The DossierTurn IT Resources Toward Strategic Business Advantage
The good news: IT expectations continue to rise. The hard part is that those expectations must be met. Doing so has become nearly impossible for organizations that have little ability to track investments, account for the time spent on projects or measure the true business value generated by their applications. To improve business/IT alignment and enable CIOs to "take the reins" of their vast herd of information resources, organizations need to explore the potential of emerging industry best practices, tools for project and portfolio management (PPM) and other solutions that fall under the category of "IT governance."
Get out of reactive mode. Regulatory compliance, security and other demands for business performance accountability put pressure on the IT function. The only way out is to employ tools to improve IT executives' business understanding of resource allocation and the value of current and future investments.
Send more IT to outside service providers to handle business processes. While some organizations see contracting with third-party services and offshore providers as the economic silver bullet, many are discovering that IT governance is essential to managing disparate resources and avoiding a global IT quagmire.
Develop process models that extend service-level management (SLM) gains. For PPM tools to support IT governance, businesses need to understand and model IT processes. IT Infrastructure Library (ITIL) offers guidance. Other industry standards programs such as COBIT and CMMI merit similar attention.
The inertia of existing systems stalls IT governance and SLM. Few organizations can just move off of old systems; they must retire them gracefully. However, gaining a higher-level view should allow you to reap full value while modernizing.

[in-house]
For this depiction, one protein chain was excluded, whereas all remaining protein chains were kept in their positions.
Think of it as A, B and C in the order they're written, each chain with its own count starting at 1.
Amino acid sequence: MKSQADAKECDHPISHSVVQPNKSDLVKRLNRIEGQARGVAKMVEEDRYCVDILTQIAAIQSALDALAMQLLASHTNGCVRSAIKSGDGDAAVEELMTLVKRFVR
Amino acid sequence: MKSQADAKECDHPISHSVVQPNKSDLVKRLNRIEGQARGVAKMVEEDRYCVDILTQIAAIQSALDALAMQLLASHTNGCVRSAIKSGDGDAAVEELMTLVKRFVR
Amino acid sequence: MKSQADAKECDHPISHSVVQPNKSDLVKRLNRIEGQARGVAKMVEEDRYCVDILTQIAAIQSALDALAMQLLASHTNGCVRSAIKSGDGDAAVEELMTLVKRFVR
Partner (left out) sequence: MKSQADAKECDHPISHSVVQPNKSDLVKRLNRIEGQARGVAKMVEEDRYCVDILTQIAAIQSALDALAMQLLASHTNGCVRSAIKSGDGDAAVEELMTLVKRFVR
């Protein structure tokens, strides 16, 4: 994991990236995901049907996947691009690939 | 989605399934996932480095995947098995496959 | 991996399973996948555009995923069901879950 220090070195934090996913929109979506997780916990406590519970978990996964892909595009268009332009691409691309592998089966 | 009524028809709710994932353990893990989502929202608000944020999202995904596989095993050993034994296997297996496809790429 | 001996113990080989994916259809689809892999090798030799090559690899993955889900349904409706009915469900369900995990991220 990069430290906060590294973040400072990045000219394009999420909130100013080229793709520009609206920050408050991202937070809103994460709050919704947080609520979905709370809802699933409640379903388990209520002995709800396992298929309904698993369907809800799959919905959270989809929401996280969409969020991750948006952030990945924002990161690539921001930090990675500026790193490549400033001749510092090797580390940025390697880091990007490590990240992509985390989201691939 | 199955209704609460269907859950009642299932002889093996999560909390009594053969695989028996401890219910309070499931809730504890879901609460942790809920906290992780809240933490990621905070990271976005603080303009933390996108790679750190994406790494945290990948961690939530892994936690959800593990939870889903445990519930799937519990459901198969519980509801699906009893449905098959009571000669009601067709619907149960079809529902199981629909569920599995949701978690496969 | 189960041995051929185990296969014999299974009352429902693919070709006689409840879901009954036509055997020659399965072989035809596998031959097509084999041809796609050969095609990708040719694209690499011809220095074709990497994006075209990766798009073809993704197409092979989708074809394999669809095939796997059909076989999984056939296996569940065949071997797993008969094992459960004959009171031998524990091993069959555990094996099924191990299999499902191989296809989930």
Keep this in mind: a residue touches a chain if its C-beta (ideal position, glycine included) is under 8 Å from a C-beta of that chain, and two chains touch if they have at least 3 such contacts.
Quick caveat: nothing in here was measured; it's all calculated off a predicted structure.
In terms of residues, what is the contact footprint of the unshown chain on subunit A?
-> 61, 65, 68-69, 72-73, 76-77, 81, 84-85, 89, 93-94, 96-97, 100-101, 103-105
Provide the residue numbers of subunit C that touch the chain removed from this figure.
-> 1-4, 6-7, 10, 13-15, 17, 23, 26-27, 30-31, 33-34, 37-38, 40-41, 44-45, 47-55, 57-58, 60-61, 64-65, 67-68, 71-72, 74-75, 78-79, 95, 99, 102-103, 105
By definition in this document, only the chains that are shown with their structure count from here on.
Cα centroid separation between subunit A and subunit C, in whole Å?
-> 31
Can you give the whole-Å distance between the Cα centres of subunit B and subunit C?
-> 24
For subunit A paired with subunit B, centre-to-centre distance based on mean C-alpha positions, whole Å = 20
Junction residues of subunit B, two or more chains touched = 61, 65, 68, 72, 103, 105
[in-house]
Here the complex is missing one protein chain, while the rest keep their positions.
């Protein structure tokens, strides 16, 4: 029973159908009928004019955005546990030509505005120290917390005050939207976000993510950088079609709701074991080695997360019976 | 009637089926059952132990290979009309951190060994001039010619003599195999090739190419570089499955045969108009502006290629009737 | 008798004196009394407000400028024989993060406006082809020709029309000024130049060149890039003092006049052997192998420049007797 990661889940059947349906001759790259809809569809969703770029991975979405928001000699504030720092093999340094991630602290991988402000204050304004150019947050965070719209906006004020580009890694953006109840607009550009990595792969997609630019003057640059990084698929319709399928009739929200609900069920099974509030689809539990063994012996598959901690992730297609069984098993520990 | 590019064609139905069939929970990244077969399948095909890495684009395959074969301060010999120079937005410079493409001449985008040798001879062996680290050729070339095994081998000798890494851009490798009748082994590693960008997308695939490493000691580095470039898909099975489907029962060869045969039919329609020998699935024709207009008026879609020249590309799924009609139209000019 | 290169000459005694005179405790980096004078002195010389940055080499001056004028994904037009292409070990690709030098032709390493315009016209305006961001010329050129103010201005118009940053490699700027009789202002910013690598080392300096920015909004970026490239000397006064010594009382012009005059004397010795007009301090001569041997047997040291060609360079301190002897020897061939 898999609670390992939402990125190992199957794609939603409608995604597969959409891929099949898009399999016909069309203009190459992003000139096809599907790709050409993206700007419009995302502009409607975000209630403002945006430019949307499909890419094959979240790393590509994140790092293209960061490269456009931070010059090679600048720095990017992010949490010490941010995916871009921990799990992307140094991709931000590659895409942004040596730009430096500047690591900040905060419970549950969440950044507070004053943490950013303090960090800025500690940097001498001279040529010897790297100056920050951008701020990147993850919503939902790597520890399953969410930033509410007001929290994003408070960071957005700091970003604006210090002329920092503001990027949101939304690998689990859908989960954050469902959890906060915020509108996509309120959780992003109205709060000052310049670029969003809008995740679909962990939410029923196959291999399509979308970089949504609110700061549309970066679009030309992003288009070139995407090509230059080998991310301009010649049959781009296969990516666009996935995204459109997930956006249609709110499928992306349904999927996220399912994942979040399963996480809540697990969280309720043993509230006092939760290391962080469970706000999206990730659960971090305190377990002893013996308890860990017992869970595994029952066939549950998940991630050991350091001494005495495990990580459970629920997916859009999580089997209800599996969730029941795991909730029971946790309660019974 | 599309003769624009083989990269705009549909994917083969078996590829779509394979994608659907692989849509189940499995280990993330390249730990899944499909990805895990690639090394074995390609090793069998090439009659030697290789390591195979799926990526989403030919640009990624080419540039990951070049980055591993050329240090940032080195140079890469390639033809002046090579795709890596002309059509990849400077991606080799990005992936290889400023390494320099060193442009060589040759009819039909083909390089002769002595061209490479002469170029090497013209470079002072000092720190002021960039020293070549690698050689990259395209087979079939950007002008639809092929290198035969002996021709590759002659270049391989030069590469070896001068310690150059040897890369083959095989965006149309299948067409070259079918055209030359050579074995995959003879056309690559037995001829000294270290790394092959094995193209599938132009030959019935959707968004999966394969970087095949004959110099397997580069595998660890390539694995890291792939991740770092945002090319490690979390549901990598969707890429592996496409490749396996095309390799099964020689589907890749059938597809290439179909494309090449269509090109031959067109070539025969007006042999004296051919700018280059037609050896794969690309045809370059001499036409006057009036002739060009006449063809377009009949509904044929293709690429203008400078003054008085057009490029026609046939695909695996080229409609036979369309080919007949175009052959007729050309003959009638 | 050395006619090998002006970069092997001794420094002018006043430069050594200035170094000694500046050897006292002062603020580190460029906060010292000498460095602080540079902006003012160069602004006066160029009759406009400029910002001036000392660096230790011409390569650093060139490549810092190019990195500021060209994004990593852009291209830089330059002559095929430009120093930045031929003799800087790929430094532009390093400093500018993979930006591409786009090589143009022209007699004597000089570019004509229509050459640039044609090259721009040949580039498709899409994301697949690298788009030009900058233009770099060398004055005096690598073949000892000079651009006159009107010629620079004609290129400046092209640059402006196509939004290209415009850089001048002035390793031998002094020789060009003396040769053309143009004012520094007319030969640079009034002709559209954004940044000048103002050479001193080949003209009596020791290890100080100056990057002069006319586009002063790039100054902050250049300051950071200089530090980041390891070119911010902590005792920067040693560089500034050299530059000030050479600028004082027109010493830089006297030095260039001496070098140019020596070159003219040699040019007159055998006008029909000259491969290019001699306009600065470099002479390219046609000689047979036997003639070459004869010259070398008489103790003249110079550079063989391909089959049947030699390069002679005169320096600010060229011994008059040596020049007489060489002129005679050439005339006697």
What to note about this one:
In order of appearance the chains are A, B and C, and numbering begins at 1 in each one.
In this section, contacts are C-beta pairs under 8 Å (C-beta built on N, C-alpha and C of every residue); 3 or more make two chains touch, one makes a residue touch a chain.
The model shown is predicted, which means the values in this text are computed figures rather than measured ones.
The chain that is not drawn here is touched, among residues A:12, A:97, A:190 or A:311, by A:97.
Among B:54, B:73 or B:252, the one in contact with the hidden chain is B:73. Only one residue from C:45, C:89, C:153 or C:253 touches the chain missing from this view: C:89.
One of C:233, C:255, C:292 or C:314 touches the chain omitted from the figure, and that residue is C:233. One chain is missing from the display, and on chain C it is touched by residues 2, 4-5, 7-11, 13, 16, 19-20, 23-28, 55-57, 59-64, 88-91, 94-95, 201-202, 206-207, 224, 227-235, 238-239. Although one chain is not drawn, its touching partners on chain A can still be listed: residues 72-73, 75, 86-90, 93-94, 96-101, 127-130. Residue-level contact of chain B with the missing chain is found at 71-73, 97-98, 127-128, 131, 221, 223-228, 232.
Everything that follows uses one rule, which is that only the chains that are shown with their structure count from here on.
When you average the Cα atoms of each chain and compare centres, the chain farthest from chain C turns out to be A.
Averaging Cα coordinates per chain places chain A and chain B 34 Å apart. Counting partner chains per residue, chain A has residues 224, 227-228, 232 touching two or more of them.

Best practices adoption involves changing behavior. Mature organizations have trouble conforming processes and practices to new tools, much less whole new methodologies. Don't forget the people issues.
Success with service orientation calls for "agile" governance. Governance is critical to making service-oriented architecture (SOA) work well and support end-to-end processes. But with business agility a major goal of SOA, governance has to anticipate change, not impede it.
Graduate from isolated, "silo" management to integrated, structural management. Particularly in the wake of mergers and acquisitions, businesses count on IT managers to rise above proprietary or domain-centric tools and move toward a strategic, business-oriented perspective.
Consider ITIL and configuration management. ITIL best practices, fused with configuration database technology, could deliver a common management platform--and a competitive IT advantage.
Apply governance to overall risk management. Security, privacy and regulatory pressures are major drivers of IT governance. With an enterprise view, you can make necessity the mother of invention.